When the fifth season of Samurai Jack started I was really excited and thought it was the start of some interesting developments. The Bushido mindset Jack carried and the psychological implications were a clear indication that Genndy had done his research. There is something inherently satisfying about exploring the hero’s quest failing and seeing how coockoo for coco puffs the protagonist becomes. But I soon became disappointed when it was clear the plot and pacing were all over the place, often resolved in quick and poor ways.
Let’s take a look at how the plot progresses:
- The season starts with Jack jaded, depressed and having lost the hope of returning. He’s dealing with both his subconsciousness and a mysterious Japanese figure pushing him to commit seppuku. Spooky shit, really.
- We go to the daughters of Aku, who have been trained gruesomely their entire life to kill Jack. One is something of an outsider, as she also likes to look at the beauty of the world, which she believes is Aku’s doing. This is of course Osha.
- Jack finds and kills a robotic assassin called Scaramouth.
- Jack gets attacked by the daughters of Aku and kills all but one, with whom he tries to reason. It doesn’t work, because said daughter tries to stab him while they’re exploring the insides of a monster.
- All of a sudden Osha listens to Jack and asks to prove that Aku is evil. One example is enough to get her to question her entire life and mentality.
- But oh noes! That one example goes a bit wrong and Jack goes with the mysterious figure to a spiritual graveyard to commit that precious seppuku.
- Osha follows, meeting people Jack rescued and persuades the lone samurai to not gut himself. They deal with the mysterious Japanese figure (which wasn’t a hallucination, but a mytholigical Omen).
- It’s time to retrieve Jack’s sword. To do that he goes to a mountain, has one meditation session, deals with his angry subconsciousness and magically retrieves his sword.
- One episode where all of a sudden Jack and Osha fall in love and kiss at the end. While there is some tension between them, episode 8 is the first to fully focus on that.
- Scaramouth is still alive! He goes to Aku, tells him Jack lost his sword and the evil magical Shogun finally confronts Jack. He’s surprised that Jackie-boy has his sword and destroys the robotic assassin. Then Aku manipulates Osha into fighting Jack, but the noble samurai loves her so much that he refuses to strike her down.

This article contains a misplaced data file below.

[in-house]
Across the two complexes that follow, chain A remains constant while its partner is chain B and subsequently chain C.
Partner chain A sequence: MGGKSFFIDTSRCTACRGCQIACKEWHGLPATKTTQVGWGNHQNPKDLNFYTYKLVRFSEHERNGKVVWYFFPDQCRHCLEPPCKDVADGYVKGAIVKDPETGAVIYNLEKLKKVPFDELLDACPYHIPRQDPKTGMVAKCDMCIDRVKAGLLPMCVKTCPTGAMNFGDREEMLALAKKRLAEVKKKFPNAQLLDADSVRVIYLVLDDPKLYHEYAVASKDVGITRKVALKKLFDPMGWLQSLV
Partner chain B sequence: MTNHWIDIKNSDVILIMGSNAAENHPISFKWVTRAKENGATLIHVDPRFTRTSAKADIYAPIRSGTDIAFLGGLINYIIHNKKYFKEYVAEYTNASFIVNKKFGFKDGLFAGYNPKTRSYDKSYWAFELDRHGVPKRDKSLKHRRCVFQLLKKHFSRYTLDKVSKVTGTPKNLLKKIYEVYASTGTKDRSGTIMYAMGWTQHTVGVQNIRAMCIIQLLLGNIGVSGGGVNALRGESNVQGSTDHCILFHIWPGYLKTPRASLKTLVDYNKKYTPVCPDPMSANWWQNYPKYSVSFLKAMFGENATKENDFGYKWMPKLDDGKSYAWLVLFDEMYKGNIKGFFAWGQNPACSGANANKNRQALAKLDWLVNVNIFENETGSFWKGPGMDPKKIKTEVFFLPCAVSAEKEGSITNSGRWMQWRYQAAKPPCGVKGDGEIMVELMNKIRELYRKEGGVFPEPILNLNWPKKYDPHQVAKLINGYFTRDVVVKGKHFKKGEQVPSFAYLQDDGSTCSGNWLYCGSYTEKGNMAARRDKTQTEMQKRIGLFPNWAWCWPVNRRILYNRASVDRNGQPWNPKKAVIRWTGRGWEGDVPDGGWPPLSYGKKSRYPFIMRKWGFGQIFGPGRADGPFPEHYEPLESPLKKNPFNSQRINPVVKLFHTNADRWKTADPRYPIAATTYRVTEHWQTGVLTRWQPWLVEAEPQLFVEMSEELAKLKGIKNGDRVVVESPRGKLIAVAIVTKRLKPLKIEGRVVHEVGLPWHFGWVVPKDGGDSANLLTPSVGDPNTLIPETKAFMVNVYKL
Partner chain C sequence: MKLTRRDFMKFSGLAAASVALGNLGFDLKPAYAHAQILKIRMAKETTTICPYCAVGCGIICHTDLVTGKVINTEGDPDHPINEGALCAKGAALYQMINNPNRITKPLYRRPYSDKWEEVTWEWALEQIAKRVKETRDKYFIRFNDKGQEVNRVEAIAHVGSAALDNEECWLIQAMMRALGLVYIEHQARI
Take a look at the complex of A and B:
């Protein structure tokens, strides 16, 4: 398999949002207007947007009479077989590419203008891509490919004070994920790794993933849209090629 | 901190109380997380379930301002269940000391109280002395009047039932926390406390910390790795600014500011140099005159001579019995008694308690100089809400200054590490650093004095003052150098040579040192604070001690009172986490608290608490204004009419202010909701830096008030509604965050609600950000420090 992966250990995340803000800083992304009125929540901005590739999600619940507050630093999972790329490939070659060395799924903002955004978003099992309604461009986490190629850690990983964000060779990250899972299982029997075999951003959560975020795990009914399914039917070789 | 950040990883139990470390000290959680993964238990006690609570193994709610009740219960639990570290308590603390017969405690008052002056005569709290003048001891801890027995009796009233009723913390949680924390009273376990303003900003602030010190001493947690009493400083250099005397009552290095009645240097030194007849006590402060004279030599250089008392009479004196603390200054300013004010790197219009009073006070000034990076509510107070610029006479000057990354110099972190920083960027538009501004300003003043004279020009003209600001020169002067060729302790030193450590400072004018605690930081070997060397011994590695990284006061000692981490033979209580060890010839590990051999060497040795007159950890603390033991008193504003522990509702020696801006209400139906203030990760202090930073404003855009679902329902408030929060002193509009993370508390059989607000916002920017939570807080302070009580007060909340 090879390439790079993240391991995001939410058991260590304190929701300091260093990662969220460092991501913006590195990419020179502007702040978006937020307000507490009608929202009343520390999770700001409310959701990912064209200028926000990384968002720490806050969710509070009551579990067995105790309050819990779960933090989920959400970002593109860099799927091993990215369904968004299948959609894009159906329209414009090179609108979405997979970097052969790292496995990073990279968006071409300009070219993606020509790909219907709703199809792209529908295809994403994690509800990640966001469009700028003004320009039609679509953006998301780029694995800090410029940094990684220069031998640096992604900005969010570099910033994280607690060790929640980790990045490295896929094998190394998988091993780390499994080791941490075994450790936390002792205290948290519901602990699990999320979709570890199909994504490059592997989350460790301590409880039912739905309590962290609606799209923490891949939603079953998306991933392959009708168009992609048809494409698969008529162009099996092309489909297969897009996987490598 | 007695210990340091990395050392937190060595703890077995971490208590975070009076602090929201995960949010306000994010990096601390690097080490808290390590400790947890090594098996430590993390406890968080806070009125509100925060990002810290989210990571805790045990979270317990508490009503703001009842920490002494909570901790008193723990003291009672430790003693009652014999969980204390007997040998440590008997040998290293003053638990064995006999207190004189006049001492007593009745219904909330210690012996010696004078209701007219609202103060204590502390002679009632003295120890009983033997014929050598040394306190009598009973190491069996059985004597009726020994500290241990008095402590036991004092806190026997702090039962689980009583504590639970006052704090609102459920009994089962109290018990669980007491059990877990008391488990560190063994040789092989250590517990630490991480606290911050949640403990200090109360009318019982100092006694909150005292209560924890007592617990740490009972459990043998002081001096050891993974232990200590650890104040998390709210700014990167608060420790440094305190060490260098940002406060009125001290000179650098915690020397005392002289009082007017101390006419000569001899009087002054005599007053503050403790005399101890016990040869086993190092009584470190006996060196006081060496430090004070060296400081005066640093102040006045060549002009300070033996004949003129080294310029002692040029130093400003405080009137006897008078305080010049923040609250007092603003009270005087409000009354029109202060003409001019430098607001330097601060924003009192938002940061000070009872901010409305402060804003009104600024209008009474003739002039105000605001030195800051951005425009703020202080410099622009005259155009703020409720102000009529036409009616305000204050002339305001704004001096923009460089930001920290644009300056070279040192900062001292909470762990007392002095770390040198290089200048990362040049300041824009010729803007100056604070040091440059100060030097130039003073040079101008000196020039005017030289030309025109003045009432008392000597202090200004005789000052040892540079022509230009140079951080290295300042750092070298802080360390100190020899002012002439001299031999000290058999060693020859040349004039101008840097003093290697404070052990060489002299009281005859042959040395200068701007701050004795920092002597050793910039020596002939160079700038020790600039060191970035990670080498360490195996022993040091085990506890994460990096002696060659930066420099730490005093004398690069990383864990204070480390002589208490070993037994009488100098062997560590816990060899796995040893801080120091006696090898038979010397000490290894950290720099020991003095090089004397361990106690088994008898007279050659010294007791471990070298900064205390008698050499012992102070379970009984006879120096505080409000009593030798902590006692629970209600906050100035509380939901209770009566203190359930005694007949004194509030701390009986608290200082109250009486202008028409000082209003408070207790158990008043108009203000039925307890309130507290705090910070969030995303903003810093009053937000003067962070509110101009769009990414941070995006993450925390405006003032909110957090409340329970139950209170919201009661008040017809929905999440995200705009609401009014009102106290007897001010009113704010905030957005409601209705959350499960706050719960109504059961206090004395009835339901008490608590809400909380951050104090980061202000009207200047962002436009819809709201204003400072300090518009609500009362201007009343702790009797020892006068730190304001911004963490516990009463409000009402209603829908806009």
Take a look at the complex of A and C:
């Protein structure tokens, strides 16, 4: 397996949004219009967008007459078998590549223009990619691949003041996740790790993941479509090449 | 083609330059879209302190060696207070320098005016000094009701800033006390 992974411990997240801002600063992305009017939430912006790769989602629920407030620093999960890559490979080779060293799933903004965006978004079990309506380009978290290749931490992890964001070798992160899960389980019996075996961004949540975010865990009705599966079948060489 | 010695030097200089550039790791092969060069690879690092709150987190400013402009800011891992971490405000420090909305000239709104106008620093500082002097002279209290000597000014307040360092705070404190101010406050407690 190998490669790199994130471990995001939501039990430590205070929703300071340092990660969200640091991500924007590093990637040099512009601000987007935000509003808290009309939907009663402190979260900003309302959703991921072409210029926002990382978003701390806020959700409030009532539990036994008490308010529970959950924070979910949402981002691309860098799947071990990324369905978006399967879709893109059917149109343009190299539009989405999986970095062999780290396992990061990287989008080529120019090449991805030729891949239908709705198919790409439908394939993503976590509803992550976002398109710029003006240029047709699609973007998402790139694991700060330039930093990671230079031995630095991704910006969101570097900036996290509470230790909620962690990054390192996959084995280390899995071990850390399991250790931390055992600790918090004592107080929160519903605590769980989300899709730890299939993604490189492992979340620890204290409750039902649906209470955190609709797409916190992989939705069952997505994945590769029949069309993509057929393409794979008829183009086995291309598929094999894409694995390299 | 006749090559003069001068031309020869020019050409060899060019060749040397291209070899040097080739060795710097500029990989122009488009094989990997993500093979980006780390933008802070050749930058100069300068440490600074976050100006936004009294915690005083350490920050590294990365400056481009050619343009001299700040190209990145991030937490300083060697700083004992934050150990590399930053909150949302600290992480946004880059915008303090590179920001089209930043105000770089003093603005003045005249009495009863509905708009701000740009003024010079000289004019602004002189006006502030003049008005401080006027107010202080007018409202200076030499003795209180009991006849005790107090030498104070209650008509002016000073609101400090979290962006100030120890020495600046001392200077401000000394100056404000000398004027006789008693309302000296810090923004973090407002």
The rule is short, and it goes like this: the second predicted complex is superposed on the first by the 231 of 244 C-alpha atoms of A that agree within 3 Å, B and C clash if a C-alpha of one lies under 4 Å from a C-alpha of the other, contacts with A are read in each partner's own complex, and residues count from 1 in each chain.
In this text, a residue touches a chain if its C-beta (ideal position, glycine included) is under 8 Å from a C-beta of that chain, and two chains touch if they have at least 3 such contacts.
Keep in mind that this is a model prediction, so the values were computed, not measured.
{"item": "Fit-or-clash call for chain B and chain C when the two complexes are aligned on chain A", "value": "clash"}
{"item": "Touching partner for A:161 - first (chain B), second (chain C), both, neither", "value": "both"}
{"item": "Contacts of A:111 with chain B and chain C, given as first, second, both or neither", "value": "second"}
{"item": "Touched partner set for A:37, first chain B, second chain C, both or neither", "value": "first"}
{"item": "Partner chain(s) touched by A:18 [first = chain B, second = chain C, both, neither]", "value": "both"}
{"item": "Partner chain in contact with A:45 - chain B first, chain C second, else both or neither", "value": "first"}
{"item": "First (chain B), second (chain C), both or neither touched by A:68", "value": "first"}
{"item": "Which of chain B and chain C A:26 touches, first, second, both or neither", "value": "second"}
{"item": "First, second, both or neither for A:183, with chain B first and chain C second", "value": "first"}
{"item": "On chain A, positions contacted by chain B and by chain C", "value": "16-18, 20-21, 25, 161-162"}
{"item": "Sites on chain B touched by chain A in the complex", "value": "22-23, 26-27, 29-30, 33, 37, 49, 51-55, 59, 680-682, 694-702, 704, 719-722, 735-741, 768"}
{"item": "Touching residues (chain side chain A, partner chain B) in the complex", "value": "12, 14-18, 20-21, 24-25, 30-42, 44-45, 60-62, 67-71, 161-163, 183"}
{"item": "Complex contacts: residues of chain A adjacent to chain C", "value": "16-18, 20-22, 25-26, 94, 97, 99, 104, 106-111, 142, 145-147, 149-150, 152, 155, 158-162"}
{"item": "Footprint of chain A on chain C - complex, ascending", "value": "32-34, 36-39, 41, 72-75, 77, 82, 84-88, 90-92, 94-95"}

- Jack gets captured, everyone Jack has saved in previous seasons fights Aku to save him, including the Scottman who died and all that malarky. Jack fights Osha, but the power of love and his words are enough to snap her out of Aku’s mind fuckery. She suddenly gains his power, brings Jack back to the past and together they kill Aku. They are to get married, but oh noes! Osha was a part of Aku and therefore disappears! Besides that it’s a happy ending.
As you can see a lot happens in ten short episodes. And that’s the biggest flaw of this season. Genndy has to go through so much plot to reach a fitting conclusion that he doesn’t allow Jack or other characters to experience what’s going on. It’s like a marathon where Genndy quickly sets up a plot before Jack runs through it. The biggest, and worst, example of this is Jack’s depression. He’s haunted by his twisted subconsciousness pushing him to commit suicide. It’s implied that this has been going on for a while and the season spends seven episodes on this only to have him resolve this in one meditation session. Ignoring the fact that the biggest reason why he was depressed in the first place was because he couldn’t find his sword, why did he wait so long to deal with his mental issues if one meditation session was enough to undo what is presumably years of mental damage? Especially if doing so got him his sword back? This plotline makes his struggle come across as cheap. There is no emotional weight to it if he can repair his problems that quickly.
Another plot point that is all over the place, is the romance between Jack and Osha. I saw it coming from a mile away and I didn’t like it. Jack is 70 years old. He shouldn’t have the same mentality as a 20 year-old, nor should he jump into a romance that quickly. Though it can somewhat be forgiven since Genndy does spend the entire season setting it up and it remains relevant throughout the entire season. And he did make sure that she remained relevant to the end, especially in the season finale.